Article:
I recommend this book to anyone who is grieving the loss of a sibling or is friends with someone who is. Even though you may not be experiencing a loss, there are some ways to equalize each person's grief over the lost person. Instead of saying this is your parents' loss or your sibling's family (if they are adult and married), this is your (the sibling's) loss too.

I especially liked the resources in the back pages, there are a few helpful websites as well as several books and movies.

This book can really save lives. I found myself unable to stop reading it. I finished it in just over two days and I felt a sense of calm. This book isn't a magical cure for the ailment of grief but it did help me, at least, begin to look at my grief as my grief and now I can begin my journey to finding and redefining who I am and who my sibling was. Thanks so much!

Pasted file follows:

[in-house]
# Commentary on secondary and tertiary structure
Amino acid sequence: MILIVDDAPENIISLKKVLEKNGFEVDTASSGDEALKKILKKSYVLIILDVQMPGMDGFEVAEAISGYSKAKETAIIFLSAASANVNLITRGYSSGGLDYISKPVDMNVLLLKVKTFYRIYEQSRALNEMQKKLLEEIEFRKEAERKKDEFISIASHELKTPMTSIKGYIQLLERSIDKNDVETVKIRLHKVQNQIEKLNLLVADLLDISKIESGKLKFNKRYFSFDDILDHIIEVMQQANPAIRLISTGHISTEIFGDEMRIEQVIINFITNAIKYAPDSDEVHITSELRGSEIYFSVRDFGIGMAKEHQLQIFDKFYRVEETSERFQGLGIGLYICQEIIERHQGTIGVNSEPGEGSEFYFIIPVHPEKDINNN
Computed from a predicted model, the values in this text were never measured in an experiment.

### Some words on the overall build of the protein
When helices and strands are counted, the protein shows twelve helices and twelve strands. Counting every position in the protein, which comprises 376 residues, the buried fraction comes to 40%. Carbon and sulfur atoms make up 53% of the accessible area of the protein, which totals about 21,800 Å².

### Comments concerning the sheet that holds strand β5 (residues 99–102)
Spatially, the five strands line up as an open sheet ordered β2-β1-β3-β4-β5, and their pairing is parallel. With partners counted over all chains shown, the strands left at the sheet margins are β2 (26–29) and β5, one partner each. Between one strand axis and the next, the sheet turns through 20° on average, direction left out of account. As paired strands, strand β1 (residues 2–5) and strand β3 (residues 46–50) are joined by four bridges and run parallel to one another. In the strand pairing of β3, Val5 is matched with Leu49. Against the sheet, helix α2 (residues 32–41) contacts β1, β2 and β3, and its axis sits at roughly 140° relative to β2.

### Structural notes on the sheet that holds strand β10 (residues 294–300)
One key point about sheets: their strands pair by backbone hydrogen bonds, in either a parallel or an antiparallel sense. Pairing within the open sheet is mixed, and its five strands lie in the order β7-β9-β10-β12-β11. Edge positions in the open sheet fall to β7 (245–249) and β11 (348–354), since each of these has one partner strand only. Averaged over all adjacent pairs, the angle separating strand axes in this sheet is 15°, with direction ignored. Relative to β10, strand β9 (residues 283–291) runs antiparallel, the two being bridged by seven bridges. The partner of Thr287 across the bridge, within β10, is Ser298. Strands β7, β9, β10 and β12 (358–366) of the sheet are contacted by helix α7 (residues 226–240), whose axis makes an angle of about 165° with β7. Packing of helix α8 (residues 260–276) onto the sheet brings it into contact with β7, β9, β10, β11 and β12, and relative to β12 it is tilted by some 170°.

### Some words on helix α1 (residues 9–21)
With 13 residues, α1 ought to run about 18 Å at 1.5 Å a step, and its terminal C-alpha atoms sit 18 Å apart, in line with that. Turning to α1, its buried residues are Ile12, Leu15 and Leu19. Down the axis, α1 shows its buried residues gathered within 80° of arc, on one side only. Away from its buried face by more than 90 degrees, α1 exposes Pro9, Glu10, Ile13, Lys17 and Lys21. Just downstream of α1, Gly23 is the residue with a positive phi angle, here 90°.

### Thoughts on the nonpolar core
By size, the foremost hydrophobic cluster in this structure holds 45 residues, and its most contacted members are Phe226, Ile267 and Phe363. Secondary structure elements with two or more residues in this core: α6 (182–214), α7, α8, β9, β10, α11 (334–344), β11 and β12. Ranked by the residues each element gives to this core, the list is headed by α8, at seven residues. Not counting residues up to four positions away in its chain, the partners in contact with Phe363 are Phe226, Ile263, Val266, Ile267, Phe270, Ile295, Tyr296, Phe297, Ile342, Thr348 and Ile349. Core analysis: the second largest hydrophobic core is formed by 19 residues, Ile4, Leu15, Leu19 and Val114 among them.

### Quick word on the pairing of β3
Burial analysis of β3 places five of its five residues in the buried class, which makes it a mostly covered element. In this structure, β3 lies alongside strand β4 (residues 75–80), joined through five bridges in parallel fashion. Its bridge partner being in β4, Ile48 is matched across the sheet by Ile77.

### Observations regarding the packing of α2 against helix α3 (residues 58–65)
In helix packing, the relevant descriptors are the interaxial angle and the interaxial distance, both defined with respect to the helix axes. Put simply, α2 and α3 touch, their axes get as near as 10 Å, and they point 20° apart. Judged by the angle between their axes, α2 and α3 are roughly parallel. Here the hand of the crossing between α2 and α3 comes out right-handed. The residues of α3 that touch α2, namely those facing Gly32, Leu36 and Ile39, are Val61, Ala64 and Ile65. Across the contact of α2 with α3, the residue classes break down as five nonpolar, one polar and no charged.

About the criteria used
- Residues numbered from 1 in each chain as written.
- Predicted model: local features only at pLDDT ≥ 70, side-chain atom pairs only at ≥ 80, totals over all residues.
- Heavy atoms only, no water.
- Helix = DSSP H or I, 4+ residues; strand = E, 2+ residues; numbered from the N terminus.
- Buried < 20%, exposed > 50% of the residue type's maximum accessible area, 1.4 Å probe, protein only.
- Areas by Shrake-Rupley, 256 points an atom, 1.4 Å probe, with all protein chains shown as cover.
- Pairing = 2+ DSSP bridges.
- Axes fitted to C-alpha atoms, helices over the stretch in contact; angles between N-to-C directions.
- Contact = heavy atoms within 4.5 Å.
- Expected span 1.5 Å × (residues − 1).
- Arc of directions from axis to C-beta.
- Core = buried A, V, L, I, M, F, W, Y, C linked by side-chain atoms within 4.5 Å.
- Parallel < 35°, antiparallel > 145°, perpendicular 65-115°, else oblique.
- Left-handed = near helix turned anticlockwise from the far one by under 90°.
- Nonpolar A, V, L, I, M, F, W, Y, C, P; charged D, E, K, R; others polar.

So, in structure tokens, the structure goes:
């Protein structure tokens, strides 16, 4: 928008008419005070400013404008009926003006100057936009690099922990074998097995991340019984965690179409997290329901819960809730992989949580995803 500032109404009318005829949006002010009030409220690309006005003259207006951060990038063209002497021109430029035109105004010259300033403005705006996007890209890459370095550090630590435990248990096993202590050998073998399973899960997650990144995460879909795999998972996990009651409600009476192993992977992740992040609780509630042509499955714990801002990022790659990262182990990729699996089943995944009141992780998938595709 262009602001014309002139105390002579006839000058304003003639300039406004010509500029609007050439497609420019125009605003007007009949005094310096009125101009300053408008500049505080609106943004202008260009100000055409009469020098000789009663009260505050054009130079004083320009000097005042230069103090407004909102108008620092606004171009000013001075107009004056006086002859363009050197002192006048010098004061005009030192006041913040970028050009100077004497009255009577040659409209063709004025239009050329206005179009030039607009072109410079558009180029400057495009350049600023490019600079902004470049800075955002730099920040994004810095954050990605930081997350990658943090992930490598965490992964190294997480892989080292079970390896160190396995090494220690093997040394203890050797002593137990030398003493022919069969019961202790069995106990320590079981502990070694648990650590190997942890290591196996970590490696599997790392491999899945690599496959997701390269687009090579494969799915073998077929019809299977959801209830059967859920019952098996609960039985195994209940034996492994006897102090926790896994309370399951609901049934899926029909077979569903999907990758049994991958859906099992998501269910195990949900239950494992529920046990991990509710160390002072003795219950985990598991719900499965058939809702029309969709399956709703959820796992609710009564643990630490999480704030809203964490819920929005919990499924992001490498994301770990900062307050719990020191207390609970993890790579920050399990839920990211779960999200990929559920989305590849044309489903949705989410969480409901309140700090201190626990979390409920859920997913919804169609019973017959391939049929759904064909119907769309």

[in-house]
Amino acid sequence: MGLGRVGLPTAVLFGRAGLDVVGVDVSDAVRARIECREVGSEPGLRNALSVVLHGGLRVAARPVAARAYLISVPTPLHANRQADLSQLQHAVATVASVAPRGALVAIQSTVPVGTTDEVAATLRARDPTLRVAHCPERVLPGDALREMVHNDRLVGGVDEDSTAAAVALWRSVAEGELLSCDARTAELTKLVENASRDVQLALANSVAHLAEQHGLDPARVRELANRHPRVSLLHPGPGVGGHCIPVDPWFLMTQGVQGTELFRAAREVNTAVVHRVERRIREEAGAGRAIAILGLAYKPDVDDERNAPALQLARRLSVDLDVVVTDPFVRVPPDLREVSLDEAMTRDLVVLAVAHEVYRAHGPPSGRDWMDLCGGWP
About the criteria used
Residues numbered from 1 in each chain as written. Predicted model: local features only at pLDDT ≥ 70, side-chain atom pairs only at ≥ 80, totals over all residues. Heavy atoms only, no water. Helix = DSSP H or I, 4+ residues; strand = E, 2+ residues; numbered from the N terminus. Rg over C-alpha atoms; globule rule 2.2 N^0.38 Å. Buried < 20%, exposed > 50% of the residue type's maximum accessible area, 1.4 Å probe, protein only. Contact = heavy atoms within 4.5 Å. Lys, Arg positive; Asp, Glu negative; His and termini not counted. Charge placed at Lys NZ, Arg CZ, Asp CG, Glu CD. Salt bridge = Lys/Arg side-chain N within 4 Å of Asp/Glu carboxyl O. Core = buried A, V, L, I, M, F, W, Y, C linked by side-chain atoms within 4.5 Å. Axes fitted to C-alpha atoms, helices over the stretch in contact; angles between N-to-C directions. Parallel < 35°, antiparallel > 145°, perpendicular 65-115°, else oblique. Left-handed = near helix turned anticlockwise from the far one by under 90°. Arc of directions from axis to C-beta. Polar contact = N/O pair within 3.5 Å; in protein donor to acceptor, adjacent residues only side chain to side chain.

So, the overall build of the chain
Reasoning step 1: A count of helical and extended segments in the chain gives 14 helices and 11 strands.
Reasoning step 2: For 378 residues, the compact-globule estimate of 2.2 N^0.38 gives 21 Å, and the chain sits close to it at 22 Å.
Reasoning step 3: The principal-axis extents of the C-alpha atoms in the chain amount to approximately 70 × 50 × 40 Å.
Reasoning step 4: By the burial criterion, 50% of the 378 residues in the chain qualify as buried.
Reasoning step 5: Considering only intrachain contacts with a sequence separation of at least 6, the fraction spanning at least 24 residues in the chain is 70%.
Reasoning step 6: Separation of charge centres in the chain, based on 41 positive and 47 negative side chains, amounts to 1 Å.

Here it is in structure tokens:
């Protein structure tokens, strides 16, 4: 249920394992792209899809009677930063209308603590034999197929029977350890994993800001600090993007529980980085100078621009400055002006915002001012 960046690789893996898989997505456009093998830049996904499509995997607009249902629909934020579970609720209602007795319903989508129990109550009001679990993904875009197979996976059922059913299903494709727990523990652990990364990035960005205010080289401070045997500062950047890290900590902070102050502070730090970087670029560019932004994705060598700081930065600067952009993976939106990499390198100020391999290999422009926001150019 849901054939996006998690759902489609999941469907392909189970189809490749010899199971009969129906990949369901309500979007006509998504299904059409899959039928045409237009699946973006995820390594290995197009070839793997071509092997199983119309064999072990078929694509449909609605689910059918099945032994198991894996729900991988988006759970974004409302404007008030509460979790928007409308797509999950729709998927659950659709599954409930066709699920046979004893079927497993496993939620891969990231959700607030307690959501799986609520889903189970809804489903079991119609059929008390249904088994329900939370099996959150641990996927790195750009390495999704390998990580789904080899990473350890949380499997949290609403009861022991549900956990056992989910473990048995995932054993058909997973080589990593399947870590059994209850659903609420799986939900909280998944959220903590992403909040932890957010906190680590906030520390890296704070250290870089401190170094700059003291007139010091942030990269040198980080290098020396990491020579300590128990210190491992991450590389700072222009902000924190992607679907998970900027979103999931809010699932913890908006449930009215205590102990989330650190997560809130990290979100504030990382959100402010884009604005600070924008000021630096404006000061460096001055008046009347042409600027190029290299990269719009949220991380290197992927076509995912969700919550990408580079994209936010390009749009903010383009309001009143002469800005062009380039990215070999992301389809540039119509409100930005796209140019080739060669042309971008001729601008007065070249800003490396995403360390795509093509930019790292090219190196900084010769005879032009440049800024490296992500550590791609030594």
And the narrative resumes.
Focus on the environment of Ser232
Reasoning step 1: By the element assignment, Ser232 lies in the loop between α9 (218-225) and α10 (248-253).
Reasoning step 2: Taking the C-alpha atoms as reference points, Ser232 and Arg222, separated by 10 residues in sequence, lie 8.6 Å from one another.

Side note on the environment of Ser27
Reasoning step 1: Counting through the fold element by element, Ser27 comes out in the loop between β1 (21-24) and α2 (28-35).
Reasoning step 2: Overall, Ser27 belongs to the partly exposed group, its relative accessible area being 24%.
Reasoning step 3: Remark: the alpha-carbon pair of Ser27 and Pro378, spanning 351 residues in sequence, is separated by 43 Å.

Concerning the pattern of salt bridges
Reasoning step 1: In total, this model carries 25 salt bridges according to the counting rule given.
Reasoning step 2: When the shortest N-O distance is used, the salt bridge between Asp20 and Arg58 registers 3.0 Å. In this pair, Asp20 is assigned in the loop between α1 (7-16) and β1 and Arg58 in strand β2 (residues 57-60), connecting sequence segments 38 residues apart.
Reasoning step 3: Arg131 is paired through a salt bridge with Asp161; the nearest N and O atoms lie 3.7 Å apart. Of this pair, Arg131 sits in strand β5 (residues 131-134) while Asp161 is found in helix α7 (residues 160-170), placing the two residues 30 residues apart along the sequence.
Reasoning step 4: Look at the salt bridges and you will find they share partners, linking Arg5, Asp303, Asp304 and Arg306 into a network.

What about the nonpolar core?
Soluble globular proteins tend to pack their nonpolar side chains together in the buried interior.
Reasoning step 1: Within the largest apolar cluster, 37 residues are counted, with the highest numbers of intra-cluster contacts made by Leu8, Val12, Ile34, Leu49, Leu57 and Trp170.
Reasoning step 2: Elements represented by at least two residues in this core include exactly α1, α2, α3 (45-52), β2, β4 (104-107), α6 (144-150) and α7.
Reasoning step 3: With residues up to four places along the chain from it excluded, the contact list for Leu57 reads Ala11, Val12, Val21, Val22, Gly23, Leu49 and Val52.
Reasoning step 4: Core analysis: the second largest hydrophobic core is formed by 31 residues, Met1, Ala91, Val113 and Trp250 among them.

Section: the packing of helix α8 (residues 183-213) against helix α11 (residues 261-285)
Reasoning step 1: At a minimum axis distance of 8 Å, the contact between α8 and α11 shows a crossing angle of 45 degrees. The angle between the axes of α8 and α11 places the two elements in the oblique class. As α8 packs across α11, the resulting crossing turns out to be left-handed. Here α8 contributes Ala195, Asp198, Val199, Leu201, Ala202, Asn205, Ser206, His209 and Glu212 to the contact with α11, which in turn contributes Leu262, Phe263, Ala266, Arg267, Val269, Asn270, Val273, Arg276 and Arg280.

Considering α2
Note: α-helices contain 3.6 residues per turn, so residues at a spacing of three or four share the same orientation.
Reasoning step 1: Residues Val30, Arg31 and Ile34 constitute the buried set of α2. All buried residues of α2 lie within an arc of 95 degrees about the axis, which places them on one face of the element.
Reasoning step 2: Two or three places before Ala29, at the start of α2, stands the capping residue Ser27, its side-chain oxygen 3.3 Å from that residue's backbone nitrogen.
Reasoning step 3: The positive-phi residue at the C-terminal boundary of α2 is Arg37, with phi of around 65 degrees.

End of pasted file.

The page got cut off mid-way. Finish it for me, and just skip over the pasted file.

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14 of 14 people found the following review helpful By M Celeste Novak on July 24, 2004
Format: Hardcover
I could not put this book down and I can't stop talking about it. The writer's grief, her ability to painfully reveal the extent of her loss from her brother's death while interviewing others who have lost siblings, some who have lost twins, was difficult to read without crying. By revealing her story and the stories of others who have lost siblings, she has reminded me to pay attention to my own siblings, our memories and our experiences. Her study of grief, is both terribly sad, and hopeful.
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8 of 9 people found the following review helpful By Lloyd Mangnall on October 31, 2004
Format: Hardcover
I stumbled across this book at the library, threw it in my basket and assumed I would read a few pages before getting bored or turned off. (I've found that a lot of grief books tend to be too 'textbook' or too 'religious', or just way too sappy.)

However, once I started this book I couldn't put it down, and I was upset when it was done, as I wanted to read more!

My younger brother died 2 years ago, and my father died a year ago. Almost 8 years ago, I gave birth to twins - one of who died at age 8 months.